Introduction to Narrative Poems on the Female Character.

Narrative Poems on the Female Character, in the various Relations of Life. By Mary Russell Mitford.

Mary Russell Mitford

Three Spenserians. Mary Russell Mitford alludes to Walter Scott's Don Roderick (1811) a poem celebrating the Peninsular Campaign, also in Spenserians.

Preface: "In attempting a series of Narrative Poems on the Female Character, the Author's attention has been first directed to the less tender relations and less imperious duties of Woman. Friendship, endeared by the ties and habits of kindred, forms therefore the groundwork of her first, and sisterly love, of her second tale; whilst both are intended to exemplify, though in very different degrees and situations, the nearly similar virtues of sweetness. gentleness, and forbearance, and of that patience, passive for itself, but active for others, which is, perhaps, only the feminine of fortitude.... Should the success of these specimens encourage the author to complete the series, it will be comprised in three volumes. The next will contain a tale on Filial Affection, in the heroic couplet of Pope and Dryden, and a shorter and lighter poem on the subject of Love" (New York edition, 1813) ix-x.

No further volumes appeared. The idea of a cycle recalls Hannah More's Plays on the Passions.

Richard Alfred Davenport to Mary Russell Mitford: "How does your second volume go on? I hope that the genius of indolence does not still hold you in his fetters. We are all ready enough to put on those fetters — at least, I can answer for myself. But Spenser says — speaking, however, on quite a different subject — 'Folly it were in any being free, | To covet fetters, golden though they be.' Positively, I must insist that you do find or make a story — not to excuse yourself, but to fill a second volume" 29 January 1815; in L'Estrange, Friendships of Mary Russell Mitford (1882) 79.

Mary Russell Mitford: "In my very early girlhood, I had followed my destiny as a pupil of Miss Rowden, by committing the sin of rhyming. No less than three octavo volumes had I perpetrated in two years. They had all the faults incident to a young lady's verses, and one of them had been deservedly castigated by the "Quarterly." Nevertheless, they had had their praisers — as what young ladies' verses have not! — Large impressions had gone rapidly off; one had run into a second edition; they had been republished in America — always so kind to me! — two or three of the shorter pieces had been thought good enough to be stolen; and Mr. Coleridge had prophesied of the larger ones, that he authoress of "Blanche" would write a tragedy. So I took heart of grace, and resolved to try a play" introduction to Mitford, Dramatic Works (1854) 1:xviii-xix.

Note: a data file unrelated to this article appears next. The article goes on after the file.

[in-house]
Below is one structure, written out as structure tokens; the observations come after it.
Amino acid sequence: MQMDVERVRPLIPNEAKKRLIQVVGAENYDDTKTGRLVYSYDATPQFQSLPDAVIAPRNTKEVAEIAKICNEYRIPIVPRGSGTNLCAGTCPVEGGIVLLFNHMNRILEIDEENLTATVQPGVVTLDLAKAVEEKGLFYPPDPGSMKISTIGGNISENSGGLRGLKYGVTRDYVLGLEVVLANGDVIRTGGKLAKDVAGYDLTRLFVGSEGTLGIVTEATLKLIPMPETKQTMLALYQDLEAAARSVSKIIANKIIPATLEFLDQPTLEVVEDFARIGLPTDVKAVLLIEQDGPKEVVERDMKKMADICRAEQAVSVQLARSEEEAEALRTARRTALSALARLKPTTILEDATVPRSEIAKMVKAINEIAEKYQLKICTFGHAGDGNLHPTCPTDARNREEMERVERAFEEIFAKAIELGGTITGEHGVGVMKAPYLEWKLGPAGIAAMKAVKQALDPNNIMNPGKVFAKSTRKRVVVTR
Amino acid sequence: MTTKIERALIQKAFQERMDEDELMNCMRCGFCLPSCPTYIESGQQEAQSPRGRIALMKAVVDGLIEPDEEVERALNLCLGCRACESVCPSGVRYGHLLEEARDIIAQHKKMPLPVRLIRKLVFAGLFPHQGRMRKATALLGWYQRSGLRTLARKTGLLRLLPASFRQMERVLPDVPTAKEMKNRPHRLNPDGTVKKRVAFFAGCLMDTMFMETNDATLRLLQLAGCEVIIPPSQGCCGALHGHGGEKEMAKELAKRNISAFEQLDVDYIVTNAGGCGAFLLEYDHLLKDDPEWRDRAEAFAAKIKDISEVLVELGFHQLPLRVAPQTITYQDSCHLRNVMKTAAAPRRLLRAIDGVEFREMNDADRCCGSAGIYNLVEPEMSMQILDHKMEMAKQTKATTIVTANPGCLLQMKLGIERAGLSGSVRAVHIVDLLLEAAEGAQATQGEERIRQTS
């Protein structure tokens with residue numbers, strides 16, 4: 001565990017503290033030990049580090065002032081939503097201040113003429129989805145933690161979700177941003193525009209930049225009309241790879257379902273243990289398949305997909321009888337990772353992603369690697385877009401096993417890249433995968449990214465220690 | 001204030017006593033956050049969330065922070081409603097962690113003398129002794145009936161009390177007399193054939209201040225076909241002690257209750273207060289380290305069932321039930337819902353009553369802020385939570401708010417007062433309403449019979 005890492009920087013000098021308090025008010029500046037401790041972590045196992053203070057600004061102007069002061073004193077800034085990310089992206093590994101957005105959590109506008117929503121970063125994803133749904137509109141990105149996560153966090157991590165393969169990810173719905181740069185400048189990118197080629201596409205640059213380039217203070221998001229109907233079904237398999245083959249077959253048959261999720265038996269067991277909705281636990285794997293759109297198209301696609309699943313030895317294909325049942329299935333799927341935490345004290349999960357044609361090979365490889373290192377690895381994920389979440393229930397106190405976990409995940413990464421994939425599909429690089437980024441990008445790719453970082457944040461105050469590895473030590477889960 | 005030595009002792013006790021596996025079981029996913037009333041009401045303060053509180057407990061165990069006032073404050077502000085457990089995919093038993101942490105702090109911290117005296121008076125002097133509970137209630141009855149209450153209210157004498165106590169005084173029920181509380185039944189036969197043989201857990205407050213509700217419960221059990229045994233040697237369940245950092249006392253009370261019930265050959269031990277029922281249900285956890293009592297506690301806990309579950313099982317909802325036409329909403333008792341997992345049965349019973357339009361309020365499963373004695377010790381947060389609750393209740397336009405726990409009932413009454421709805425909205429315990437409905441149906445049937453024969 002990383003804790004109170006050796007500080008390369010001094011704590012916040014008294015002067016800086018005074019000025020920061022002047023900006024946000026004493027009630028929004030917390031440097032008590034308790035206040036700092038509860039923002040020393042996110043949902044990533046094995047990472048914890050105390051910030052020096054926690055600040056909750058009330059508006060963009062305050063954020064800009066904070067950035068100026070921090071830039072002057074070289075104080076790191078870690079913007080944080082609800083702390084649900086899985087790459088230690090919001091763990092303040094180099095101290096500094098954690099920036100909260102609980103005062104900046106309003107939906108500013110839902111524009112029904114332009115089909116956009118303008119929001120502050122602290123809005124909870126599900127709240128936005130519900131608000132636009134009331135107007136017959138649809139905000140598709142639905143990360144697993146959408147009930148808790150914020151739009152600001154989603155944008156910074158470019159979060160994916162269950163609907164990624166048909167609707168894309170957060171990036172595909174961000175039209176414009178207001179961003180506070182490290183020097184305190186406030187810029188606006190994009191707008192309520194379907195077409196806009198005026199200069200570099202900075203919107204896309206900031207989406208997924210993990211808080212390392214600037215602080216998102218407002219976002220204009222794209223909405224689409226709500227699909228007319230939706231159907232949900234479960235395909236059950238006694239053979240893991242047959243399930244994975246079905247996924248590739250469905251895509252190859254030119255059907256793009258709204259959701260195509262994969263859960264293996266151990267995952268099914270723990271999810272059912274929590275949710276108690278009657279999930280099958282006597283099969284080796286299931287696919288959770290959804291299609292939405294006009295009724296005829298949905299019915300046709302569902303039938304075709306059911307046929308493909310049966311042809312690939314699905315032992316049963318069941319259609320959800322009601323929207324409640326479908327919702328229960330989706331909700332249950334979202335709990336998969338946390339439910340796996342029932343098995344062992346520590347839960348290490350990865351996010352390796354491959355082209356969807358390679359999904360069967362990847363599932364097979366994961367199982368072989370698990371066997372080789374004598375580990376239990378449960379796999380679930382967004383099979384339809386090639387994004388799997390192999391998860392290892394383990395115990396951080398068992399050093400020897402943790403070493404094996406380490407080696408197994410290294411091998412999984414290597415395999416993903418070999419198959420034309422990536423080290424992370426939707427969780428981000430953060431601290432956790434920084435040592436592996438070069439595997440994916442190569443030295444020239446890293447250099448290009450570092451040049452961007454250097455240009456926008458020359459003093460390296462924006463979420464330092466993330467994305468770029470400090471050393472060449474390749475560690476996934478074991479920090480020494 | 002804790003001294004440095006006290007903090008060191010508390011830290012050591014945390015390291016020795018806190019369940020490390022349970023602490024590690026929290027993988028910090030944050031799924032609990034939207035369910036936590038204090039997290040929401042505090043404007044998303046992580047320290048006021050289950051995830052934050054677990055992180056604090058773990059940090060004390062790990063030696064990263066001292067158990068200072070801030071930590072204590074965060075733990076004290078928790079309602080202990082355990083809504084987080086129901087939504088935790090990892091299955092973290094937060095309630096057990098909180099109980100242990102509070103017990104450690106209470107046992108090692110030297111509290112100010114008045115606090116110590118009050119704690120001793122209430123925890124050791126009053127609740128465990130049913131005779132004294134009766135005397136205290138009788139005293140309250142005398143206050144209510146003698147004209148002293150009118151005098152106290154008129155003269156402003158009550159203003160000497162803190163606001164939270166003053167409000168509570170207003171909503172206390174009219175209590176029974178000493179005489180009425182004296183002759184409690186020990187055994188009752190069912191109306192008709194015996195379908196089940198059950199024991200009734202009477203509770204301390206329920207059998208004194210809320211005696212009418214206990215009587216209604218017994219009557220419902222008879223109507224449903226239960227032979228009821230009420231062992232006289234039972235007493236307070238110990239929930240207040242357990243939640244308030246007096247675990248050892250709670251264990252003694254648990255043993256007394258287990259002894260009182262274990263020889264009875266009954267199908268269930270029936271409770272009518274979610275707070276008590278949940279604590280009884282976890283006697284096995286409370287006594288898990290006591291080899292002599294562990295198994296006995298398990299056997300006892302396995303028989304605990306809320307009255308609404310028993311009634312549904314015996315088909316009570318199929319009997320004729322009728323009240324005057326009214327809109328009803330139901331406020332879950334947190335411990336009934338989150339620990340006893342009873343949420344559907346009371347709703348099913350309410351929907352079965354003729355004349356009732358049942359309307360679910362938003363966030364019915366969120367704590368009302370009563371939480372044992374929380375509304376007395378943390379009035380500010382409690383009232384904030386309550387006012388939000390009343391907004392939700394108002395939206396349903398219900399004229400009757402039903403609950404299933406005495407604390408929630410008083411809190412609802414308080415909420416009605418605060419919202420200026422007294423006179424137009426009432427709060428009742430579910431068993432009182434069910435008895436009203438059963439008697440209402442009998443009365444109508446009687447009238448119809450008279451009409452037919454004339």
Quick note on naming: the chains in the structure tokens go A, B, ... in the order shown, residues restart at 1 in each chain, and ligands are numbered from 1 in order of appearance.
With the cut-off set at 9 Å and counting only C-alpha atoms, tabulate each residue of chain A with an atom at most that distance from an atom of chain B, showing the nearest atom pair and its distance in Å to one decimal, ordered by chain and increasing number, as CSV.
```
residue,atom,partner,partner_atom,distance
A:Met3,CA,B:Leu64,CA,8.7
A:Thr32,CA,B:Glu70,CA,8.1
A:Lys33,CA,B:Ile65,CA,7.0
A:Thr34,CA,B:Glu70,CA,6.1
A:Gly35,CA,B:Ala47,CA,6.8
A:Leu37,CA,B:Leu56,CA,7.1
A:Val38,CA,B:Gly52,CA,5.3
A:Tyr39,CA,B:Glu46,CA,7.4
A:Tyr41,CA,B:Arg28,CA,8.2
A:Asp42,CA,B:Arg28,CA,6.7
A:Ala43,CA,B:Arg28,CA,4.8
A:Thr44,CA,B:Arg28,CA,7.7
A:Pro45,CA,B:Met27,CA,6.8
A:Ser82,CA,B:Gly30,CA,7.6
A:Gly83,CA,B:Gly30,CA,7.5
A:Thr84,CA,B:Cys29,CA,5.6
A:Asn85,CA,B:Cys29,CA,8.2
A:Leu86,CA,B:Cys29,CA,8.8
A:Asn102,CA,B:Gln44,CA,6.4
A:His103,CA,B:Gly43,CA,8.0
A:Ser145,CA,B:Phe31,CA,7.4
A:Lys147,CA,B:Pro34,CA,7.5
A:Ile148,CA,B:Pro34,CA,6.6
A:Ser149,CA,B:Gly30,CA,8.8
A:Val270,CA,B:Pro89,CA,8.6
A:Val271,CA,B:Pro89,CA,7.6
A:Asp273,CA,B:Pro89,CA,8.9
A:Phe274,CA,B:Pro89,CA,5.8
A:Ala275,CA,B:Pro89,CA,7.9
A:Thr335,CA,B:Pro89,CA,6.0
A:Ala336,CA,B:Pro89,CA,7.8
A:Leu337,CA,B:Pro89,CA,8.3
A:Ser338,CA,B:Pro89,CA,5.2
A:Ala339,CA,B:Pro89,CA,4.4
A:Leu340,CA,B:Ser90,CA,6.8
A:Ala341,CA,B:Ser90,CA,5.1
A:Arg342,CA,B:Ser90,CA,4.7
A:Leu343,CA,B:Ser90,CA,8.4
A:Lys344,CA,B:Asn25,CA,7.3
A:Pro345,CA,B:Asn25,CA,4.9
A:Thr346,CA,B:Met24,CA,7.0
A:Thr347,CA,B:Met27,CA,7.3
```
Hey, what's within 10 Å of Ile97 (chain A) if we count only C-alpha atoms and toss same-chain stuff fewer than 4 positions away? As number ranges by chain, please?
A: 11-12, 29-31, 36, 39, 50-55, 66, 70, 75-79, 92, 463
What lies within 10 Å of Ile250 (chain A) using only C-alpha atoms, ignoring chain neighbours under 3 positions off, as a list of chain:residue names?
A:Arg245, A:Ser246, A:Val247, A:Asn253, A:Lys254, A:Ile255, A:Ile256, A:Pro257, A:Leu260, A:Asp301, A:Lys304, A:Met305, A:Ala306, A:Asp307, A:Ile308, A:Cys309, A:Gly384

Ye Cliffs, that echo to Gaul's iron tread,
Ye Hills, whose soft turf bears the English train,
Ye Gales, whose spirit-stirring breath can spread
The bannerets of Liberty and Spain;
Say, can ye now resound the peaceful strain,
Such as ye wont, wild and irregular,
When the sweet pipe came soften'd o'er the plain,
Or lightly mingled with the gay guitar!
Can you such notes resound — or are they drown'd in War?

I sing, not I, of battles bravely won;
Not mine the "verse of tumult and of flame"
That tells the deeds of gallant Wellington,
Or consecrates the glories of the Graeme.
I sing them not — nor though one honor'd name
Woke not of Albyn's bard the peerless string,
Moore, be thy life, thy death, a better fame
Than the low dirge that, faintly carolling,
My feeble lyre could breathe, my weaker voice could sing!

Not for such lofty strain I seek thy strand,
Romantic Spain! 'Tis but to while away
The lingering hours in Fancy's fairy land,
And frame wild fictions of thy elder day:
Now the sad vision chace, now own its sway,
Tho' variable, as the fitful dream
Of brain-sick fever, the capricious lay:
Change to the subject suited well, I deem,
For Woman's is the song, and Woman is the theme.

[New York (1813) vii-viii]